What do you do to save time spent grading? How do you make grading a more pleasant experience? Comment below to share your ideas.

Using a Reward System in Middle School

When I began teaching seventh grade science as a Teach for America Corps Member, one thing that set my class apart from others was my use of a reward system in a middle school setting. Prior to joining Teach for America, I had earned two degrees in education plus I already had two years of teaching behind me. By the time I joined TFA, I had my own ideas about classroom management and had begun to implement those ideas. However, one of the main reasons I joined TFA was to learn about different styles of teaching so I could become a better educator for my students.  I kept my mind open to new ideas. One thing TFA exposed me to during our five-week summer institute was the use of a reward system at a secondary level. At first I thought it seemed silly and impractical. Middle and high school students excited about earning little toys? Spending tons of my own limited income providing those goodies for hundreds of students? Huh? After dismissing the idea, I found myself thinking about it and considering how I could make it more practical for my own classroom.  When I began teaching seventh grade science students a month and a half later, I had a reward system in place as a way to decrease misbehavior, increase student engagement and achievement, and create a fun and positive classroom environment.  And what do you know? It worked.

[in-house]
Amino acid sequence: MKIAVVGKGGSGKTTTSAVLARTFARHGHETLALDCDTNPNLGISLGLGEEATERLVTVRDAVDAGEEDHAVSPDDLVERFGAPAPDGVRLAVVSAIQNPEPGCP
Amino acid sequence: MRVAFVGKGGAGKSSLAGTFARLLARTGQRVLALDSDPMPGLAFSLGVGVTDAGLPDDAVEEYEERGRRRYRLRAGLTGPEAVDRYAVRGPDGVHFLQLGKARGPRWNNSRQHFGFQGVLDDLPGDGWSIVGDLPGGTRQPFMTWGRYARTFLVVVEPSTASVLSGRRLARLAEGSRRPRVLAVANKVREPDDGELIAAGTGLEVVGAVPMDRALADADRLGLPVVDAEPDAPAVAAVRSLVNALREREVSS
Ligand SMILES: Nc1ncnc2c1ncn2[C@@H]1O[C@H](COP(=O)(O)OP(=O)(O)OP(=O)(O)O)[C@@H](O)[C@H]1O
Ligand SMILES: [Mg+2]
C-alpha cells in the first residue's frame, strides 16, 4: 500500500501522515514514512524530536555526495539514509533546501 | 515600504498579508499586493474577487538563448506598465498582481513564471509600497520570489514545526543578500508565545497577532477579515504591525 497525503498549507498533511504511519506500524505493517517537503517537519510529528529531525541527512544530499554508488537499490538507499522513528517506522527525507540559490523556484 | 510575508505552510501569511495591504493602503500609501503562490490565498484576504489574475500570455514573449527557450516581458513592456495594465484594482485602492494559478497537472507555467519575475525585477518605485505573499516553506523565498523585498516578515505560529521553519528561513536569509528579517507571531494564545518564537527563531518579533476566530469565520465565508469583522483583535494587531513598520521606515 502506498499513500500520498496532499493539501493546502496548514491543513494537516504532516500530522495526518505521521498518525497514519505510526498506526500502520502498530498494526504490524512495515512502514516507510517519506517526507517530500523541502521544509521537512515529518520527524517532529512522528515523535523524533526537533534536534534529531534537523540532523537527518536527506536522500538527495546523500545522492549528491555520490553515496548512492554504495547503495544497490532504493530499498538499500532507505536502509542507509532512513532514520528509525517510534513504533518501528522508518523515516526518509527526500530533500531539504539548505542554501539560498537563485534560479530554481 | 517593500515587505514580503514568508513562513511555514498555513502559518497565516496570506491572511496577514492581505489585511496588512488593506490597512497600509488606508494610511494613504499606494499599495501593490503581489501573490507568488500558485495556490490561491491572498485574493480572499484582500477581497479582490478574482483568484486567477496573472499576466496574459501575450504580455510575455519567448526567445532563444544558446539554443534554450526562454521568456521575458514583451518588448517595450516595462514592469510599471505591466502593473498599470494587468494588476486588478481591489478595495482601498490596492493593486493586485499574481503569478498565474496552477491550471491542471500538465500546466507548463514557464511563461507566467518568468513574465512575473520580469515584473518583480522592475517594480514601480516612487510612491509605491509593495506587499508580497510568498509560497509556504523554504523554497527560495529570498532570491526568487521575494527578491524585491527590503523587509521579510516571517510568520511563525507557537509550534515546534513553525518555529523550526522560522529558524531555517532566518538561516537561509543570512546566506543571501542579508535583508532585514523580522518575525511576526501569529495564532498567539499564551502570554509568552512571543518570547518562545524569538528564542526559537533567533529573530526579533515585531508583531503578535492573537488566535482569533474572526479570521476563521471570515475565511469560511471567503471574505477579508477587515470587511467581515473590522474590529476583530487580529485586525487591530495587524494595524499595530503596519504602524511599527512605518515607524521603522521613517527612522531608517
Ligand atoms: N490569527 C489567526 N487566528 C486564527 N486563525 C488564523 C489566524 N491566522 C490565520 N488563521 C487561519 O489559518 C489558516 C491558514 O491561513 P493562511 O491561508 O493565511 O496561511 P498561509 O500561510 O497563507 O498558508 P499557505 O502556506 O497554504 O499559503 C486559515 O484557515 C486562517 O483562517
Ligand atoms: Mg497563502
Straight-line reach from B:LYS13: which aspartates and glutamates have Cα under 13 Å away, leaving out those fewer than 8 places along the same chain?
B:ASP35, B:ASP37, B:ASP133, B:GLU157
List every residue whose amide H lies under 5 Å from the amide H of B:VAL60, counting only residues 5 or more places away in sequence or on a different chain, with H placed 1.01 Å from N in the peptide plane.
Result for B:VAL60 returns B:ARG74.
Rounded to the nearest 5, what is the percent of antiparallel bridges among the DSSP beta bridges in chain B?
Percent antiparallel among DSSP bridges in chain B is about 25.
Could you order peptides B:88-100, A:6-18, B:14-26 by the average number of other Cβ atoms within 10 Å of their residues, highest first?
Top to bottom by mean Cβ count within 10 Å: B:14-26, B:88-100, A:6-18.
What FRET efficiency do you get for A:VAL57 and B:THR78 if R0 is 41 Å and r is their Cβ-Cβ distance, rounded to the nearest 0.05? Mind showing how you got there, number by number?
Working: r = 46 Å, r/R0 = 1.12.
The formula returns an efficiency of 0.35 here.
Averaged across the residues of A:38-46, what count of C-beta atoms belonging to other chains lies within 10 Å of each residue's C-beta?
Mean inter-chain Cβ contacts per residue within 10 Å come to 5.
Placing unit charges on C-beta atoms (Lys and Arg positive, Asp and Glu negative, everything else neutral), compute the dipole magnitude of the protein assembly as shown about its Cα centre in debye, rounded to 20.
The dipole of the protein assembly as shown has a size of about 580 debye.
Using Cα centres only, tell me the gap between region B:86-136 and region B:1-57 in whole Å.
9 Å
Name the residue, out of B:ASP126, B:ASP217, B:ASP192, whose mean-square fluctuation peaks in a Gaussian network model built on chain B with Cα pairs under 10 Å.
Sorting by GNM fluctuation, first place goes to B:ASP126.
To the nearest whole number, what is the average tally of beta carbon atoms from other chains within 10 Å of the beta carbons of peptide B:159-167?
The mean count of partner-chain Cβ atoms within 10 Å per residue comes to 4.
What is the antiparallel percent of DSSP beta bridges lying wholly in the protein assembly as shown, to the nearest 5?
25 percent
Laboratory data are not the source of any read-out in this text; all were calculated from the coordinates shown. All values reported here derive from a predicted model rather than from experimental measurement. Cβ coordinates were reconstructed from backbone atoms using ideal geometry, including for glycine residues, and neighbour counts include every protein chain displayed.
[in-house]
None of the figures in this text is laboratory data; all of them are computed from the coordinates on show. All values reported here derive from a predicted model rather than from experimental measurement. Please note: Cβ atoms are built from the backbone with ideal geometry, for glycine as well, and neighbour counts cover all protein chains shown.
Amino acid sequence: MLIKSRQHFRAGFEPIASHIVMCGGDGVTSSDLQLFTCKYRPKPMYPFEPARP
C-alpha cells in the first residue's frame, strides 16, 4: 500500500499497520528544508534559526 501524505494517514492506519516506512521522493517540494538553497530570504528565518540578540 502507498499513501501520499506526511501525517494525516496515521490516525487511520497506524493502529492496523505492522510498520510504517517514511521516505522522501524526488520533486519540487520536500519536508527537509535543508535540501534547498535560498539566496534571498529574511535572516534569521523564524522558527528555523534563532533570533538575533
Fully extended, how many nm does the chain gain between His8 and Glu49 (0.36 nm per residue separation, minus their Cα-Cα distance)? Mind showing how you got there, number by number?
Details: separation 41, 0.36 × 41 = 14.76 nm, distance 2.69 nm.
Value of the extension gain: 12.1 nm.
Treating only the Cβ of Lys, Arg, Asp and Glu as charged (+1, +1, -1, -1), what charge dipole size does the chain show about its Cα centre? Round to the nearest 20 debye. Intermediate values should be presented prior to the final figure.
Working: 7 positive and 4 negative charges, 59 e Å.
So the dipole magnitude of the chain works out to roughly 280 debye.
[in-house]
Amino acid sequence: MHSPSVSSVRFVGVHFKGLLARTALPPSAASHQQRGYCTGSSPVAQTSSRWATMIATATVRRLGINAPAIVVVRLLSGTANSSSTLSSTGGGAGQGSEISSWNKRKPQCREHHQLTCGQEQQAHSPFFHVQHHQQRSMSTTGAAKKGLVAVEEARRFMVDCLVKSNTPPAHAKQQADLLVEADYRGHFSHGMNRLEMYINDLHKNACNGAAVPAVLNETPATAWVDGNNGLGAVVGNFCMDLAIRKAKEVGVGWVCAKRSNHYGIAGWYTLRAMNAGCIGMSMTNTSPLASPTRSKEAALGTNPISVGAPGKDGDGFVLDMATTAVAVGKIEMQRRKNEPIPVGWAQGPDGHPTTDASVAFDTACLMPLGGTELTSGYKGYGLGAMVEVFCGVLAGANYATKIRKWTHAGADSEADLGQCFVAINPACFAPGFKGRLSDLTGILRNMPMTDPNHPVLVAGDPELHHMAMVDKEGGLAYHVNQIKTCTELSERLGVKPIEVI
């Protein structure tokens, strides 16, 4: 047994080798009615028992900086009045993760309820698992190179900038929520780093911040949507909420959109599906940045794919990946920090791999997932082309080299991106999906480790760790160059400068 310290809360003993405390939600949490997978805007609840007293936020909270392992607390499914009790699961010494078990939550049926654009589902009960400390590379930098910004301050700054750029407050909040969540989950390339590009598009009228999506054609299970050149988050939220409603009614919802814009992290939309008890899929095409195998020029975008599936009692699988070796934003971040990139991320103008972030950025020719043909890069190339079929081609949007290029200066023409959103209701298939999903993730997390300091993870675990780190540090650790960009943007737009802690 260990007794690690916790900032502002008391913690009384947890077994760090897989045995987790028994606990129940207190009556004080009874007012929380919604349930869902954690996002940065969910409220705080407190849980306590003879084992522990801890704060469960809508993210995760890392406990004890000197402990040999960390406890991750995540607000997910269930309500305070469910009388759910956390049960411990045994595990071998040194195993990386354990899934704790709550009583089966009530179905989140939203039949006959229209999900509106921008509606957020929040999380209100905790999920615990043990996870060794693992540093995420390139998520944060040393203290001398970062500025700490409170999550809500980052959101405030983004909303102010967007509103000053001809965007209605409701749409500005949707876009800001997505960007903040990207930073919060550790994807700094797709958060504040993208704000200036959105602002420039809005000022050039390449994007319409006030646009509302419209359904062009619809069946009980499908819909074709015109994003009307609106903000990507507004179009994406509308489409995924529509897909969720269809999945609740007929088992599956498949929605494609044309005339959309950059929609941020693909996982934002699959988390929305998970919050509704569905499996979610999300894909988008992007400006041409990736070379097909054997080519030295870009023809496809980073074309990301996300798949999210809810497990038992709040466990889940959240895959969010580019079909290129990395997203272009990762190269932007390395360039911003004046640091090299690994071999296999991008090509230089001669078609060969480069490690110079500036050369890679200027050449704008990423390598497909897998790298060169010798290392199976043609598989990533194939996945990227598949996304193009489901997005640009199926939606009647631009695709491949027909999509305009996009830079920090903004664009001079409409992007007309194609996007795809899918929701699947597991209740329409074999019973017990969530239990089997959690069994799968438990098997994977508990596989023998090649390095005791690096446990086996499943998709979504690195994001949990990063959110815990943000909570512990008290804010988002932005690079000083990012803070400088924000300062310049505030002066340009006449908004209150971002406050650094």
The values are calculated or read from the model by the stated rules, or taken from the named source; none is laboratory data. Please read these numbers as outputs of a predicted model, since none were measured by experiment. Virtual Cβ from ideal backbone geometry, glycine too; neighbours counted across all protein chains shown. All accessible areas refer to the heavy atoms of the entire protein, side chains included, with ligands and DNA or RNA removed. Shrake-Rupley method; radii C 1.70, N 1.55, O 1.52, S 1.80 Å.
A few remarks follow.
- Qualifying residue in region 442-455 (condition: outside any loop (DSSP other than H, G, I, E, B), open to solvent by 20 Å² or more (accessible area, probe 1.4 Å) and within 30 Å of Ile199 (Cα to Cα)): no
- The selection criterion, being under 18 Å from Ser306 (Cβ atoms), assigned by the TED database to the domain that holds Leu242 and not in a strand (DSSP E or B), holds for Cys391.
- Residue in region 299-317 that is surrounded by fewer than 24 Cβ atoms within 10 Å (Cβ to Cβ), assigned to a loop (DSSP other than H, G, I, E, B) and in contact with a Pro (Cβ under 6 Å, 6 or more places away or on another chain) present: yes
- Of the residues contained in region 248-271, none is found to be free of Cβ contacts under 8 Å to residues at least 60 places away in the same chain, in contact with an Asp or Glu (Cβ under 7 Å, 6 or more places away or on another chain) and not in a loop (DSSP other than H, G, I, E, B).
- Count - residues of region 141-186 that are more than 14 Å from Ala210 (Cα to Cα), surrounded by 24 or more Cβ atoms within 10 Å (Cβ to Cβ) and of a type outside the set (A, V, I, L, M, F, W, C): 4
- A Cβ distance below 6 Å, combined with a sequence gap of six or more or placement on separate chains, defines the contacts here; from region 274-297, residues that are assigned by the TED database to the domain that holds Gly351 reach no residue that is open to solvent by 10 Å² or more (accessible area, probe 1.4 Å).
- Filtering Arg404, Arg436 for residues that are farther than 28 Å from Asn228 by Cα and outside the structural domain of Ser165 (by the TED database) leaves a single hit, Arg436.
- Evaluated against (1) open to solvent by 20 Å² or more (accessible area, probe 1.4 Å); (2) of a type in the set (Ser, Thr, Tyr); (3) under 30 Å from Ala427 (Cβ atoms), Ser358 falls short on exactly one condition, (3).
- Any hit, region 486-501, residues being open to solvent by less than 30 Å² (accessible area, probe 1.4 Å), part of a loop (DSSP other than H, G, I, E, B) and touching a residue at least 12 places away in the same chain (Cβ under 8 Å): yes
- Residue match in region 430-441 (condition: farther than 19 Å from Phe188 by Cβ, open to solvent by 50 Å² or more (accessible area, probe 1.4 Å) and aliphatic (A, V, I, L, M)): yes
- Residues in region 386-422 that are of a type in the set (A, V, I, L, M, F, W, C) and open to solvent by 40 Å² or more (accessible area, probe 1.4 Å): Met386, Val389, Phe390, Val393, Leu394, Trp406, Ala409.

What did I want in a reward system?